• There will be a disruption to the “normal” in the lives of young black men and in turn the communities around them. They will not view the “way things are” as“the way things will always be”.
  • Young black men will develop healthy friendships,partnerships and relationships that will continuously cause and support them to move positively forward


To Donate to Detroit Boyz Rock, Click Donate Button Below

An inspirational article that speaks a lot to what Detroit Boyz Rock wants to address

How one Chicago principal is leaning on data to help black boys

Test scores were rising at Fuller Elementary School when Marilyn McCottrell took over in 2016. Yet troubling trends loomed behind the numbers.

“A lot of growth has been made,” said McCottrell, Fuller’s third principal in six years. “But that growth is not equal among students.”

She’s talking about black boys.

Black girls had driven most of Fuller’s academic improvement since the 2012-13 school year, when Chicago Public Schools handed management of the Bronzeville school over to the non-profit Academy for Urban School Leadership, which replaced the staff and principal in a turnaround effort. Black boys had improved much slower. They got most of the school’s Ds and Fs, and were much less likely than girls to meet or approach expectations for college readiness on state tests.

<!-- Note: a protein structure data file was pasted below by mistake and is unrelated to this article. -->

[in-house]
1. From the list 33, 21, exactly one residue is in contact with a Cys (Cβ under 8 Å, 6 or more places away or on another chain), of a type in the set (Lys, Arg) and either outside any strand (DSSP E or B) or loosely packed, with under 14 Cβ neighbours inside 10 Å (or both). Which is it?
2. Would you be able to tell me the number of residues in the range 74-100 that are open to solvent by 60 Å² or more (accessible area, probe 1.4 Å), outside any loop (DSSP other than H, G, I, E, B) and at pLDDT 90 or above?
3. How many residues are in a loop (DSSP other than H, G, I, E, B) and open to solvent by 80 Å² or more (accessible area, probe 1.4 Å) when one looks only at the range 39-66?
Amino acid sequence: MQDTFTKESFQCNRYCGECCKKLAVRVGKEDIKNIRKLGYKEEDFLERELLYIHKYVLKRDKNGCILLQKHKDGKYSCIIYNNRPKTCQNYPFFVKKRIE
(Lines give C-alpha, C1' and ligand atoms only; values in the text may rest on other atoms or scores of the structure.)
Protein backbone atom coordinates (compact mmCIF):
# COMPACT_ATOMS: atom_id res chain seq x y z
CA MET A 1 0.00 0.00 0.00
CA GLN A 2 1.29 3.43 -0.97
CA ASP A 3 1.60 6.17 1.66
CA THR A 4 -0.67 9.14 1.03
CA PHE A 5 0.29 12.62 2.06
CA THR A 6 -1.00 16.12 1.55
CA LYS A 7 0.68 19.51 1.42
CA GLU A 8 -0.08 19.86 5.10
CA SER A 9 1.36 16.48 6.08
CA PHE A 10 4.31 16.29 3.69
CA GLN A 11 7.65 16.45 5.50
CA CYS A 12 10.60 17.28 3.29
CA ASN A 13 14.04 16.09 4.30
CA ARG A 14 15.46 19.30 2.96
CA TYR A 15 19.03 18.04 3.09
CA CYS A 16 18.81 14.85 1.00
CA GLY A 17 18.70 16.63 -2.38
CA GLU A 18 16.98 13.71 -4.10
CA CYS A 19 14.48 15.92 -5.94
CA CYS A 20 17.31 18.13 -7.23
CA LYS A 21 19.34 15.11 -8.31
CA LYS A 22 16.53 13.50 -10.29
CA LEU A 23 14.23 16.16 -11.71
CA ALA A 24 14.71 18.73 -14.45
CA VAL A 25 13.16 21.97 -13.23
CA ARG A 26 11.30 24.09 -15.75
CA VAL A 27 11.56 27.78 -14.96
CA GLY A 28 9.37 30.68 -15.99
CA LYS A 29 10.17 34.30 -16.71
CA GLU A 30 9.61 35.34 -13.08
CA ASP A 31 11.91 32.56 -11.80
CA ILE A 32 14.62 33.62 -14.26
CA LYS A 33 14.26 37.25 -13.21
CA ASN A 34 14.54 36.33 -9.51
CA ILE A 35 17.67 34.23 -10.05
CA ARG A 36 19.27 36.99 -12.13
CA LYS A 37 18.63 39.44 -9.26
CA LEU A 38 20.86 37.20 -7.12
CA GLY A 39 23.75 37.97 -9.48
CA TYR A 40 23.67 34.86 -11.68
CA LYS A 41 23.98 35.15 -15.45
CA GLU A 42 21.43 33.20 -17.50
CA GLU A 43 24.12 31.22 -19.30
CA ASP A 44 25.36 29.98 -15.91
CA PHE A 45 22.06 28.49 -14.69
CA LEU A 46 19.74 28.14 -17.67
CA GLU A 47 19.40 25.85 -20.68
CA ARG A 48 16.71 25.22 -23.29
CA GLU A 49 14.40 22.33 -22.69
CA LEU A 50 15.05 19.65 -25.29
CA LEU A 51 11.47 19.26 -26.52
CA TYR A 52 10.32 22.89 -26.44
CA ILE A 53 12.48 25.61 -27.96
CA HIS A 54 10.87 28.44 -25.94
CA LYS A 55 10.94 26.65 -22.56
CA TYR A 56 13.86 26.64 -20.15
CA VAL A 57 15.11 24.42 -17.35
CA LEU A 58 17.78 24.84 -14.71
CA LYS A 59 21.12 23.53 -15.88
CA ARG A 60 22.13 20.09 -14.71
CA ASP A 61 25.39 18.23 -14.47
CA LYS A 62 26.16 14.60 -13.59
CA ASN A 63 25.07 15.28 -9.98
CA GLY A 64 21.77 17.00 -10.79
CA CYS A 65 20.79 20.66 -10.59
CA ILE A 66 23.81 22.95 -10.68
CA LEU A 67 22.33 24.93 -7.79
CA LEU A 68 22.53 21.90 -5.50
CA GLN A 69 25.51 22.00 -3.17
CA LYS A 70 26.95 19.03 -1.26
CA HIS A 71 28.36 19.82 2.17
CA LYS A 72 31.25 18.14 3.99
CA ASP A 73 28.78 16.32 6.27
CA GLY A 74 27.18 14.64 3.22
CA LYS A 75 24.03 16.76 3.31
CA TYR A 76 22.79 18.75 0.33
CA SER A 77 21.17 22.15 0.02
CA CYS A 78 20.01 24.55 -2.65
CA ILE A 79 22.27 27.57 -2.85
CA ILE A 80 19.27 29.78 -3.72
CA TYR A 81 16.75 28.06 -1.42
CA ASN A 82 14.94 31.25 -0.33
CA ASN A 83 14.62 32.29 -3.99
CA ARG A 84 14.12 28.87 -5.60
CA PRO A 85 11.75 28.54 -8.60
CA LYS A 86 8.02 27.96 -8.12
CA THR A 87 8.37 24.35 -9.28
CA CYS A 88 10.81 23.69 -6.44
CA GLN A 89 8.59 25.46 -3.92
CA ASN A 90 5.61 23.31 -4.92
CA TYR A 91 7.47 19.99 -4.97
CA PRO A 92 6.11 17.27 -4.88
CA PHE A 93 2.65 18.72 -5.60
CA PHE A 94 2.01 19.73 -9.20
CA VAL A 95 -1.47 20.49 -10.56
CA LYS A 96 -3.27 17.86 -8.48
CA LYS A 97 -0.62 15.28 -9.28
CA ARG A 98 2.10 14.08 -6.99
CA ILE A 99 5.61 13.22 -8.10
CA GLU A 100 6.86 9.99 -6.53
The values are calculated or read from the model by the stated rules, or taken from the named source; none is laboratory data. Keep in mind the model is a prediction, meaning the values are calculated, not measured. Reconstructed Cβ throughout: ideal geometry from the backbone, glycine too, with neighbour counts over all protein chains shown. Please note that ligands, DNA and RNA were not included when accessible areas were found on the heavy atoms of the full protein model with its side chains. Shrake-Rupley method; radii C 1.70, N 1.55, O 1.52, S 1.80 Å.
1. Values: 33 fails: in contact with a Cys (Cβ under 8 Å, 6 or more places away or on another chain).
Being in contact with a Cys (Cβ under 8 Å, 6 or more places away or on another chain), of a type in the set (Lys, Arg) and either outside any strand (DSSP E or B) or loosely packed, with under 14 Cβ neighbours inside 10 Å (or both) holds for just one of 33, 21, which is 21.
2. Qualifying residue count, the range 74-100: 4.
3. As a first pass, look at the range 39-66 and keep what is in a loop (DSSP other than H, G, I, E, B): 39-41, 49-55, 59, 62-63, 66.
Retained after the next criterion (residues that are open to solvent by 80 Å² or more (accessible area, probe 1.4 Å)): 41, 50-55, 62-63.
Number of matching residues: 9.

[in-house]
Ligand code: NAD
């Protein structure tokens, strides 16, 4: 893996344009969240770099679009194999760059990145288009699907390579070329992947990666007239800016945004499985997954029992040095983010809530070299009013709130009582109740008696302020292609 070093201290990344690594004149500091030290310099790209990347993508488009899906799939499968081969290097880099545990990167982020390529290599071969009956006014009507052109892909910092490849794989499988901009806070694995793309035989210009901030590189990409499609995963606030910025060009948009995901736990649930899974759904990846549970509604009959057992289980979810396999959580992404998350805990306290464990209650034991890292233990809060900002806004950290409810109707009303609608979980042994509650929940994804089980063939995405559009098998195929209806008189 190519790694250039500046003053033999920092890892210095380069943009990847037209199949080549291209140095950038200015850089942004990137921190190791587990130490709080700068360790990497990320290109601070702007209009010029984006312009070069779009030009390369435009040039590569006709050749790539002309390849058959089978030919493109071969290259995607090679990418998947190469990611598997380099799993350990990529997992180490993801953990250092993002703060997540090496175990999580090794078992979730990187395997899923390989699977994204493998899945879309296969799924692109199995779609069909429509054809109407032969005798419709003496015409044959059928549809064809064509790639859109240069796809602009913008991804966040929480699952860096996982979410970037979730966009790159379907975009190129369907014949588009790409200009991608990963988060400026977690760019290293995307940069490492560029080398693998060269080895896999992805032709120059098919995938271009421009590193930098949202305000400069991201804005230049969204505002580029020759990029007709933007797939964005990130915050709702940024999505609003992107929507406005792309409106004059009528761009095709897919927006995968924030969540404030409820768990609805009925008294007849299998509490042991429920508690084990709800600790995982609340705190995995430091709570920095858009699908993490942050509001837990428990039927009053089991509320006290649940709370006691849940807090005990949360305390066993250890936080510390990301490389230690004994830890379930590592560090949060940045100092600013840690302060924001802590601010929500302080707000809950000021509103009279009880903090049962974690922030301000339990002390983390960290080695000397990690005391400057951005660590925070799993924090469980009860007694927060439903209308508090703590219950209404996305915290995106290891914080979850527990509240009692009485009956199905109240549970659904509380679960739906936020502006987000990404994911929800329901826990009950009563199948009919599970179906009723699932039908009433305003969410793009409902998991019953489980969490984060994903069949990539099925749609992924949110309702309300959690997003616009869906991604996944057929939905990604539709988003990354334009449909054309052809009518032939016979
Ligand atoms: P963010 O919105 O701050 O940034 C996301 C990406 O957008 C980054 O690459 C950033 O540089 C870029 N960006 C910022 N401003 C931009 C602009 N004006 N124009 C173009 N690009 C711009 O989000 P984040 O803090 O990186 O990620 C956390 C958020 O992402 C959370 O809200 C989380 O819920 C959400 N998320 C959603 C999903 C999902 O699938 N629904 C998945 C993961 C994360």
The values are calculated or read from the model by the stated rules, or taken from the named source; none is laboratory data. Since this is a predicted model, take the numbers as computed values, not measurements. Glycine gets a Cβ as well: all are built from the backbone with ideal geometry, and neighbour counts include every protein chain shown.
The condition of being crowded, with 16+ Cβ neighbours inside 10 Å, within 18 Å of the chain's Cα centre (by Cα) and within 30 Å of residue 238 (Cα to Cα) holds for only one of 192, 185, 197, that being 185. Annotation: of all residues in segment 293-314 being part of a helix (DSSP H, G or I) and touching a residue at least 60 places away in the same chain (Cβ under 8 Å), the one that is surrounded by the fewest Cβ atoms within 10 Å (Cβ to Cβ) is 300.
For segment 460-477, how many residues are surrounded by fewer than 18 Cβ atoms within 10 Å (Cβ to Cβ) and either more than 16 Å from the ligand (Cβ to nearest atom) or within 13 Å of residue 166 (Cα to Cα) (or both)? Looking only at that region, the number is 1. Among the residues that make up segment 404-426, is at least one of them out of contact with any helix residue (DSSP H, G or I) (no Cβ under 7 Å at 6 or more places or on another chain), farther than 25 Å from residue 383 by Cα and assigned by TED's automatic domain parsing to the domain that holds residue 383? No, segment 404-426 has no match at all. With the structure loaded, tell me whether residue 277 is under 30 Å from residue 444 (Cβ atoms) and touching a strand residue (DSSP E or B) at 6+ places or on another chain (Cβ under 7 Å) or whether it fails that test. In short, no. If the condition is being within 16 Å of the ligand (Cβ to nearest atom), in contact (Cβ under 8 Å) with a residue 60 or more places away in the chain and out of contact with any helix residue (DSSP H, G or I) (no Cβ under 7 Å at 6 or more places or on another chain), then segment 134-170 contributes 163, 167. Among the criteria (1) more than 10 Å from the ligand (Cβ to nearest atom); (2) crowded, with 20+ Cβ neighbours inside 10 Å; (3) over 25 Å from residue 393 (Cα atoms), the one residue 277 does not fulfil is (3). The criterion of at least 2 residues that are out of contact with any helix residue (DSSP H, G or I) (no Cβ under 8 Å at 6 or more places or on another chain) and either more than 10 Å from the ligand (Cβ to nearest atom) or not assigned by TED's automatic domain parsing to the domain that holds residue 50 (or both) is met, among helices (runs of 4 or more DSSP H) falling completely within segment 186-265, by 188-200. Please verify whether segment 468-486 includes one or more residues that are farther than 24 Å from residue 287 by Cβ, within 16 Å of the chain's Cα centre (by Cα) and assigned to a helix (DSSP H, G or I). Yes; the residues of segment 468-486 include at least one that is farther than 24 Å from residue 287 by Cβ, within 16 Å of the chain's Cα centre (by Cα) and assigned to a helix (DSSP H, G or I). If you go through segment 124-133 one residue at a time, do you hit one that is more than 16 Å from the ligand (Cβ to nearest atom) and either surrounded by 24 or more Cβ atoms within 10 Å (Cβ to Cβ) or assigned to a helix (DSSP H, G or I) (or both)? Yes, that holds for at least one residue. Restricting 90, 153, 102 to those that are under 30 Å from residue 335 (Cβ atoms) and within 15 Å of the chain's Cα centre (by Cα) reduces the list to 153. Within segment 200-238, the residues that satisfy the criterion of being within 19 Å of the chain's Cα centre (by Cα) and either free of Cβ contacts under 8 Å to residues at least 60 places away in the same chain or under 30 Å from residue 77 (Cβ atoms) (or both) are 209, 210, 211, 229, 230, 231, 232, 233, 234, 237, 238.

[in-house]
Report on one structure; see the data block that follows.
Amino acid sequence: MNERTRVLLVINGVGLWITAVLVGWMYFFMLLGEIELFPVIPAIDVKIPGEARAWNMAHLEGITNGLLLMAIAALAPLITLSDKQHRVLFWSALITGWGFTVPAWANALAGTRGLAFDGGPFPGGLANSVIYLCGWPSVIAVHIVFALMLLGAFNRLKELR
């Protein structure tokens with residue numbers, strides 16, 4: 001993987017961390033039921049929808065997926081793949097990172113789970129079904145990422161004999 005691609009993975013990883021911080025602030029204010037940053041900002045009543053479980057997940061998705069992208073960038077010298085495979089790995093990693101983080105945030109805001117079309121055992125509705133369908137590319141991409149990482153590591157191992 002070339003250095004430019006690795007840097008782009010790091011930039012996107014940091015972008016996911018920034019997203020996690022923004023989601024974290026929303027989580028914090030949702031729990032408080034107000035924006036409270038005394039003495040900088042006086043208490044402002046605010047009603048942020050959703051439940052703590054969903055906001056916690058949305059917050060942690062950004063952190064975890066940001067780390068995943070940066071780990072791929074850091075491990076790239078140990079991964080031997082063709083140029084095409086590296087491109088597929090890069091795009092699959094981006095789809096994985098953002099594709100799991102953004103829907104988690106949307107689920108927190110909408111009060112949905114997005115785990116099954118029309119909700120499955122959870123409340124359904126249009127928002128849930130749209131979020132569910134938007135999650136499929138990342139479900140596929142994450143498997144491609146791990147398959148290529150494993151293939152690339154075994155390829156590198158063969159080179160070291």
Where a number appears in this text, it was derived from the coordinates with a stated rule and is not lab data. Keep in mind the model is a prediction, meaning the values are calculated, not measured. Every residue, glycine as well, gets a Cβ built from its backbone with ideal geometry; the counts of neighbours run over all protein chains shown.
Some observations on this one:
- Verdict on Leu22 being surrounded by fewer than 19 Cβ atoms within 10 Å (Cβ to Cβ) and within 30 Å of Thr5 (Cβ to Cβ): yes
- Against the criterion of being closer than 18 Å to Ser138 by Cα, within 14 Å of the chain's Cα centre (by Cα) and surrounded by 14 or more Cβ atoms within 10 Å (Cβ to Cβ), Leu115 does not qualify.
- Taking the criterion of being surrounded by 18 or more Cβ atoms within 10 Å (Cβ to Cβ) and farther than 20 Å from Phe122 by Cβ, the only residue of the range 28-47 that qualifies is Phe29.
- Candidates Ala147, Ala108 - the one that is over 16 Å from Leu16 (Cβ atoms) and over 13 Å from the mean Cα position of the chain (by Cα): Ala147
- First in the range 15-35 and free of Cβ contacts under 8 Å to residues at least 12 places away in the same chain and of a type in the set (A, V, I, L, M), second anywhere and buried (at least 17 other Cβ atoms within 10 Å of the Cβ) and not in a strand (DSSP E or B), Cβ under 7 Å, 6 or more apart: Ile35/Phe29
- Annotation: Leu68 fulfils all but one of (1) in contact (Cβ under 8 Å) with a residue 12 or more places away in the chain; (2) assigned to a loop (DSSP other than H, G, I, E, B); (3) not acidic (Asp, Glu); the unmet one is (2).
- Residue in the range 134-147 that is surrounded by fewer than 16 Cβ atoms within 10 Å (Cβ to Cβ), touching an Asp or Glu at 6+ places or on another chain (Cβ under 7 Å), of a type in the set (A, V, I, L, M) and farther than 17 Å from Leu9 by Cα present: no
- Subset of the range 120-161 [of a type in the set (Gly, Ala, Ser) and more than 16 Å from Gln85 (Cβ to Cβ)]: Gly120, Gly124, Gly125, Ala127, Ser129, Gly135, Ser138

PARCC Scores

Last school year, McCottrell and her staff crunched the data and made changes at Fuller to shorten the gaps between boys and girls. The stakes are high. Black boys, especially those from low-income households, are more prone than their sisters to falling behind in school and running into the juvenile criminal justice system. As adults, they are more likely to be arrested, imprisoned, or chronically unemployed. McCottrell believes what Fuller did, starting with painstakingly crunching data at the school, classroom and individual levels, could help other schools do better for black boys.

But she wants to be clear about something: Black boys don’t need to be “saved.”

“They need to be respected and appreciated for the differences and the unique gifts that they bring to the educational experience,” she said.

Black boys

Fuller Elementary School students (from left)Tyrese Robinson-Guy, Terrell Johnson, and Jasean Waters at a community garden in Bronzeville.